Having obtained by PhD in Computer Science five years ago, I have been working in R&D projects for the last years. I want to pursue an academic career and I am currently considering moving to UK. As far as it concerns my academic qualifications, very roughly, I have 8 journal publications, an h-index of 8 by google scholar, and a little teaching experience in university education.

The variety of titles in UK job openings is somewhat confusing: (Postdoctoral) Research Associate, (Senior) Lecturer, Research Fellow, etc. And then, there are open-ended and fixed-term contracts.

The question is: what kind of positions would it be best to aim for? In other words, what kind of position would correspond to my skill-set, given that I am interested in evolving academically (research and teaching)? And how could I improve my CV towards this?

  • 1
    My university provides an academic career pathways, perhaps that could help you (considering that Newcastle is a research-intensive university, it could be different in a university with a teaching focus). You question on how to improve your CV might be a separate one.
    – user102
    Sep 12, 2014 at 8:28
  • Can you tell us a little about your citizenship, or if you have a right to work in the UK.
    – StrongBad
    Sep 12, 2014 at 8:34

3 Answers 3


I don't think it is feasible to make a sure-fire estimation of what "level" you would be considered to be on without knowing many details (and then the question would likely become too localized for SE anyway).

Further, job titles and positions are not standardized between universities or, in some cases, even between different labs within the same university. What's called a Research Fellow in one place could be a Research Associate in another, and simply a Postdoc in the third. However, there are (typically) some "groups" of jobs:

  • PhD students (which you clearly don't fall into, given that you already have a PhD)
  • Non-professoral, non-student researchers (postdocs, various soft-money research positions)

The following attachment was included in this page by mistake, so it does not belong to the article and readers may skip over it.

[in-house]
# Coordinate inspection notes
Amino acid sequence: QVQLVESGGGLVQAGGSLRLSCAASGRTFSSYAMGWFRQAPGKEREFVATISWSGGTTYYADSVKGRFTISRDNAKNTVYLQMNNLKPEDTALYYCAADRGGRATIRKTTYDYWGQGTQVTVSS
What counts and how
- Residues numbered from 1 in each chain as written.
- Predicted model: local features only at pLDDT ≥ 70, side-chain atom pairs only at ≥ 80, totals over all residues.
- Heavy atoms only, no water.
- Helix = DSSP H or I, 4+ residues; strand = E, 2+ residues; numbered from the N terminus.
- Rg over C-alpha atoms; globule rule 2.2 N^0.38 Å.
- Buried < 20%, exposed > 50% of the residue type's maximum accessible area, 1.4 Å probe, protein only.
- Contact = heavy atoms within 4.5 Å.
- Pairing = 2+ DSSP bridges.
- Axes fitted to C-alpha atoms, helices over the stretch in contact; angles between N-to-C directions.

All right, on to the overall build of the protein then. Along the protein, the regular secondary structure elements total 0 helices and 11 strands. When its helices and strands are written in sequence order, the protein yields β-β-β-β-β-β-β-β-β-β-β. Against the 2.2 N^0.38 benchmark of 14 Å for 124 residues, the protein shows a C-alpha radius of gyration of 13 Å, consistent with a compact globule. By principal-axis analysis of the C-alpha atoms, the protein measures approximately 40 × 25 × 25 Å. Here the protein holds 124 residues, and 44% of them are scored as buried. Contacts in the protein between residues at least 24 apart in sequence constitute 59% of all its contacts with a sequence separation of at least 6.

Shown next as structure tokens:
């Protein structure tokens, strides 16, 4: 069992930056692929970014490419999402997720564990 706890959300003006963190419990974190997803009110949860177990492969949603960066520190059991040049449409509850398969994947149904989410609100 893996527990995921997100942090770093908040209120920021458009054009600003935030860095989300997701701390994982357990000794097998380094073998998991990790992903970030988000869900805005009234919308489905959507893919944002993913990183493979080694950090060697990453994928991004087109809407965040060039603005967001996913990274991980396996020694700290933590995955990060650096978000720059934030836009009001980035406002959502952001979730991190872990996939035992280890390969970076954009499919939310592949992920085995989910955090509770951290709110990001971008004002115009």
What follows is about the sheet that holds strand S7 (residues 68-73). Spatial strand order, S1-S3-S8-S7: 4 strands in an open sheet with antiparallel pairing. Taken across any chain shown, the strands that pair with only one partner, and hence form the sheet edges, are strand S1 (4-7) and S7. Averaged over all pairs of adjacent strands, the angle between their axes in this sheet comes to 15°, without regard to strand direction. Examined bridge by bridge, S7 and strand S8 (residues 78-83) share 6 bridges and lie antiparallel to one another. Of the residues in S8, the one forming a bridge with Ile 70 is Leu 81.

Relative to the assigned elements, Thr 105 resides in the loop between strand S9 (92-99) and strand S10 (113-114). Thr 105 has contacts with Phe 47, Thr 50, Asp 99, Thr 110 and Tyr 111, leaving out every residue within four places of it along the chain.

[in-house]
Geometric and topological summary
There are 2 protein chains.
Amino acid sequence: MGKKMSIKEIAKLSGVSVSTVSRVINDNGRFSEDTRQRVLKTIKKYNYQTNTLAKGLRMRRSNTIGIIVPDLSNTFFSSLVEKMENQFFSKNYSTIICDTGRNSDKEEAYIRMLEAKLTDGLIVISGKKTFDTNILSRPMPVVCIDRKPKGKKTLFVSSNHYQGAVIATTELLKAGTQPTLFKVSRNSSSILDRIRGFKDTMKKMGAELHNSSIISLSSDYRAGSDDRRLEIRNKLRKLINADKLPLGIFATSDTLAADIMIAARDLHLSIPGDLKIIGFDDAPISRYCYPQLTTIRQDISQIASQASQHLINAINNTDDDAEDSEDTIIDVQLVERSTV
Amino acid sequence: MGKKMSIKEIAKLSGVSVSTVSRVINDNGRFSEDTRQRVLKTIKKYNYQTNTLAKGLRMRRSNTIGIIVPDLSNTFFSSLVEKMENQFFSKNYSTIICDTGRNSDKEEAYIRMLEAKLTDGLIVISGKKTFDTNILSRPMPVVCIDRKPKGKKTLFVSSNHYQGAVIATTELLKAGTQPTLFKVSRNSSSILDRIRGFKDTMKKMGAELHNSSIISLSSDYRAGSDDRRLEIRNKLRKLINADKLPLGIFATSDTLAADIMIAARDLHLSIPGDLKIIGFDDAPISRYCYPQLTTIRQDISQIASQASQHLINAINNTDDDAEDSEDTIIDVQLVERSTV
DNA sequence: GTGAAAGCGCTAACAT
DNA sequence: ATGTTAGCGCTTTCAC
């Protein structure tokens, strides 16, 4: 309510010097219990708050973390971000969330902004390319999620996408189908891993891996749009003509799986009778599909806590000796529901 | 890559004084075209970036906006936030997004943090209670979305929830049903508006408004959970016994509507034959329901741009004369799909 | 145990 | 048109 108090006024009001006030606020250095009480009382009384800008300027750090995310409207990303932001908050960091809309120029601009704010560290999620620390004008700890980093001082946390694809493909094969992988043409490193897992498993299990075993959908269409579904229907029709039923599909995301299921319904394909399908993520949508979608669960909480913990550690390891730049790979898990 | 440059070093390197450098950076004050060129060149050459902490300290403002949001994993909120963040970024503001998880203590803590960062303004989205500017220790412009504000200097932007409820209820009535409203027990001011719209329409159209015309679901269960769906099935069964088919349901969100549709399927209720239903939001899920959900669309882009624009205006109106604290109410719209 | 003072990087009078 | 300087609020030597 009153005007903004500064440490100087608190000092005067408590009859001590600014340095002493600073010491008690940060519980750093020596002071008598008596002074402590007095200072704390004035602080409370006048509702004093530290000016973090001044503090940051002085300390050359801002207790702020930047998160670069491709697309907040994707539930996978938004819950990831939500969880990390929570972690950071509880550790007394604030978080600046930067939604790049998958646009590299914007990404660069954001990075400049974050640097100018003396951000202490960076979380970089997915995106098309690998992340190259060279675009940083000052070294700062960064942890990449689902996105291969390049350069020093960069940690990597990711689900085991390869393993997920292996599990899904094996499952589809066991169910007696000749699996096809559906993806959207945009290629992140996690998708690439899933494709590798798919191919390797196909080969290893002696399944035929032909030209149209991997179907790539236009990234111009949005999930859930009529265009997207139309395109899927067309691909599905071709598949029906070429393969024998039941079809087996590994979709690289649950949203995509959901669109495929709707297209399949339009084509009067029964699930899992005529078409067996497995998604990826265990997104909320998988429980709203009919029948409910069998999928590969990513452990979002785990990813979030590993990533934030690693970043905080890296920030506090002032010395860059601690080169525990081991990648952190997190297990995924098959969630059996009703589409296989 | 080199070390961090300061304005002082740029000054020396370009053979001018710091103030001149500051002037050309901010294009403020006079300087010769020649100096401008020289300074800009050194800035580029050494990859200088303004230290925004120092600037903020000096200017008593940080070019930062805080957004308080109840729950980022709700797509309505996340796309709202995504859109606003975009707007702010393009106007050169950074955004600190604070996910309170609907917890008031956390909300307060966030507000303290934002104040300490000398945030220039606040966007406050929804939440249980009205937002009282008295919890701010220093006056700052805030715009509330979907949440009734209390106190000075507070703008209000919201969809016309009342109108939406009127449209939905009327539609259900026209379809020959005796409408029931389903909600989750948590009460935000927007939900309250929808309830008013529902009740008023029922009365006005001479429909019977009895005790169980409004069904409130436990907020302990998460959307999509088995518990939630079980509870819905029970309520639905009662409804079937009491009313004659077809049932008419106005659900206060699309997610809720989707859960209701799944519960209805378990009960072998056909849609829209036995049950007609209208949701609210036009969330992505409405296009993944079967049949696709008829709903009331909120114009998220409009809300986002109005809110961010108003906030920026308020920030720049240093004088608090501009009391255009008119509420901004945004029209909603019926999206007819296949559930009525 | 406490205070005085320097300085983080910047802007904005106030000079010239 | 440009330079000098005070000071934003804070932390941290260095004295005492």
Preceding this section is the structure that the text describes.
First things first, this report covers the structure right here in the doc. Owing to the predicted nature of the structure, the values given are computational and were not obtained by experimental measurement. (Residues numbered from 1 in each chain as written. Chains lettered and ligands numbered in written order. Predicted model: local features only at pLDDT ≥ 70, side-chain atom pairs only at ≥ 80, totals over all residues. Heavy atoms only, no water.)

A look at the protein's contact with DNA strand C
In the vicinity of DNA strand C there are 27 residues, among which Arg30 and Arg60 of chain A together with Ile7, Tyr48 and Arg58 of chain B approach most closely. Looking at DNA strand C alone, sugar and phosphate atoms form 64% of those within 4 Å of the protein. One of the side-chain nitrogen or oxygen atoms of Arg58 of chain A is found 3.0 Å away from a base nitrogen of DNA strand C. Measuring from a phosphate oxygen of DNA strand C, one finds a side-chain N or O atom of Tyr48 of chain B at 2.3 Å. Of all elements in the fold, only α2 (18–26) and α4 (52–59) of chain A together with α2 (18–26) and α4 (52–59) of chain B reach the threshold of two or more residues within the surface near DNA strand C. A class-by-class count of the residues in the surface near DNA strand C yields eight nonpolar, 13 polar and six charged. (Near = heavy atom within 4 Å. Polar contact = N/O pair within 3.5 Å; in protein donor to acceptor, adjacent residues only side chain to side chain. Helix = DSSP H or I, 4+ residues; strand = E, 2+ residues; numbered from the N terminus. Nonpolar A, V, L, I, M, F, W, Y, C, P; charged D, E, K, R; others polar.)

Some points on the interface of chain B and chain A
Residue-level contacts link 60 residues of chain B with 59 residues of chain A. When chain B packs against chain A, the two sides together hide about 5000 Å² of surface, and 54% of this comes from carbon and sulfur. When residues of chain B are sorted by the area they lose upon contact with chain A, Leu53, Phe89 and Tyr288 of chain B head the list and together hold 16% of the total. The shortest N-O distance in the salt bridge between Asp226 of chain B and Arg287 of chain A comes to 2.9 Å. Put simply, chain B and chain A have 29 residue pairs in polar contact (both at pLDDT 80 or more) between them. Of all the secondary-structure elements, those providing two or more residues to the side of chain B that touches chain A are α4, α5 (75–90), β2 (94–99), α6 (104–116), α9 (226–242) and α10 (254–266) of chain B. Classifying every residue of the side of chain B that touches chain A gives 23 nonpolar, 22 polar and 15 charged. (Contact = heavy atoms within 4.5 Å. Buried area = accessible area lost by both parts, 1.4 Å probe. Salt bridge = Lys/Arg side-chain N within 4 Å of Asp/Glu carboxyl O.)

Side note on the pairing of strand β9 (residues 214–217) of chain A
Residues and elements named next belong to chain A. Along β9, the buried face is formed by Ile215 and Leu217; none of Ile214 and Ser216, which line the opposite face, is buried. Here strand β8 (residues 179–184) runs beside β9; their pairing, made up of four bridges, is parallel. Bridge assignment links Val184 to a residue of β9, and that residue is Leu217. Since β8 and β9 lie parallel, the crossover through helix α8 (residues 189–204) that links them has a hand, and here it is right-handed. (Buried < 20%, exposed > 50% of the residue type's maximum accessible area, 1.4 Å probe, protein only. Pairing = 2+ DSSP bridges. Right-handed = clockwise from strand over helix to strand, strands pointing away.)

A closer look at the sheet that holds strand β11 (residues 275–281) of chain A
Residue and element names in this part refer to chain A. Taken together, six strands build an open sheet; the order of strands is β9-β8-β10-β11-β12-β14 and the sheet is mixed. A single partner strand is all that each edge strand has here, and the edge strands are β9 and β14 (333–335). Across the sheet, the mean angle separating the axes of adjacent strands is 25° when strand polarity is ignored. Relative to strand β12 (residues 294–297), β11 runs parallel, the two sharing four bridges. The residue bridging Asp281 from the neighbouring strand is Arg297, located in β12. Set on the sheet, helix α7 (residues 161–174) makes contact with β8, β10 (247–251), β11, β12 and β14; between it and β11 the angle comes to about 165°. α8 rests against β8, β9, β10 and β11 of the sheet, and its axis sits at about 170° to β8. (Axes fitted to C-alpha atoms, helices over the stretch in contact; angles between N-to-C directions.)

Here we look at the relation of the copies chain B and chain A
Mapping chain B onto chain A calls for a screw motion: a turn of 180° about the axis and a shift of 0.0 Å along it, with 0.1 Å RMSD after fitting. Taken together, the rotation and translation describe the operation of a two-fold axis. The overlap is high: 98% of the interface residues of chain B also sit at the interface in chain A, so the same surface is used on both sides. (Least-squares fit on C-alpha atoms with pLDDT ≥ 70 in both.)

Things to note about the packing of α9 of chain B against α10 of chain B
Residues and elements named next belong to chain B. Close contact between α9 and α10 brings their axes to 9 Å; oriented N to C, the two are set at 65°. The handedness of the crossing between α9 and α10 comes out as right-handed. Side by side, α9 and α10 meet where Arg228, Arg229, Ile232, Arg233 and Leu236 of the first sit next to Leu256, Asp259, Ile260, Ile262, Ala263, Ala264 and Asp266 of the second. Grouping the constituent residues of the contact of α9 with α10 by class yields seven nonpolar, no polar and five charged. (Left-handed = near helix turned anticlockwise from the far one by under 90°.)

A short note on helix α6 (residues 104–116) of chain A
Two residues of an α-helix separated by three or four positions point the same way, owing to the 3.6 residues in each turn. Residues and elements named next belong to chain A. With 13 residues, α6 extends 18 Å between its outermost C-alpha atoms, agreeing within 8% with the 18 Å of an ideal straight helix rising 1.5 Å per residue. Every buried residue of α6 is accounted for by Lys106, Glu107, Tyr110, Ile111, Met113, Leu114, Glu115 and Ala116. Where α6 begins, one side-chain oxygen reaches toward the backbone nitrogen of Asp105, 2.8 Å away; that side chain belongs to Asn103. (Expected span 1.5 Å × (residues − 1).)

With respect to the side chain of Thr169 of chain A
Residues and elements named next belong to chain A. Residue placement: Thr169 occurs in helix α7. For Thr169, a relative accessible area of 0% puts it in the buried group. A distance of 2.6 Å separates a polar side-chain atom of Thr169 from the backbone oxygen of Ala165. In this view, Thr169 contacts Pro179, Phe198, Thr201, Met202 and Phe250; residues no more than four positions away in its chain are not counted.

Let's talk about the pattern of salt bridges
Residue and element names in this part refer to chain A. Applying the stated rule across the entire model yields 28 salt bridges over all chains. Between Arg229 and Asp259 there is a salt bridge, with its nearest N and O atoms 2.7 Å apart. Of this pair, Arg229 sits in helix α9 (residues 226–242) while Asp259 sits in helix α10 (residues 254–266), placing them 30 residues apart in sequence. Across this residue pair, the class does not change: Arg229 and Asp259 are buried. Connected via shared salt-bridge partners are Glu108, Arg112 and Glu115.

• Junior Professors and Professors (I'll lump into this everything from lecturers, senior lecturers, and actual professors)

You will likely fall into the second group, maybe you could also hunt for a lecturer position (i.e., the entry-level position of the third group). If you want to stay in research, you should aim to sooner or later get into the third group. However, typically, these jobs are significantly more competitive to get than postdoc jobs.

And how could I improve my CV towards this?

Papers, papers, papers. I think your background in an R&D lab can be sold as a boon ("I have industrial experience, while still not being out of touch with research!"), but at the end of the day, papers are what people really look at.

  • I'd also add that since this is a question, the papers people are especially interested in are REFable papers -- typically your best 4. Jan 20, 2017 at 0:00

The job you appear to be interested in is lecturer, open ended contract, probably at level 7 (I would guess from your description). You may want to consider the fixed-term contracts as well. Applying to anything above level 8 will be pointless. However, I'd advise applying to pretty much everything at the lower end of things, as the job market in most fields isn't great right now. A postdoc/research assistant position will probably be helpful if that's what you are offered. Hiring in the UK is cyclical, so what's on offer will vary greatly between years.

Source: personal experience

  • I've now realised this question is old (I can't remember how I reached it), but hopefully the answer will be useful to others).
    – Jessica B
    Jun 6, 2015 at 6:42

As far as I see you potentially fit the Lecturer (i.e., Assistant Professor in the US system) level. This is because you have a PhD, and you are too long after your graduation to become a postdoc (i.e., research fellow/associate).

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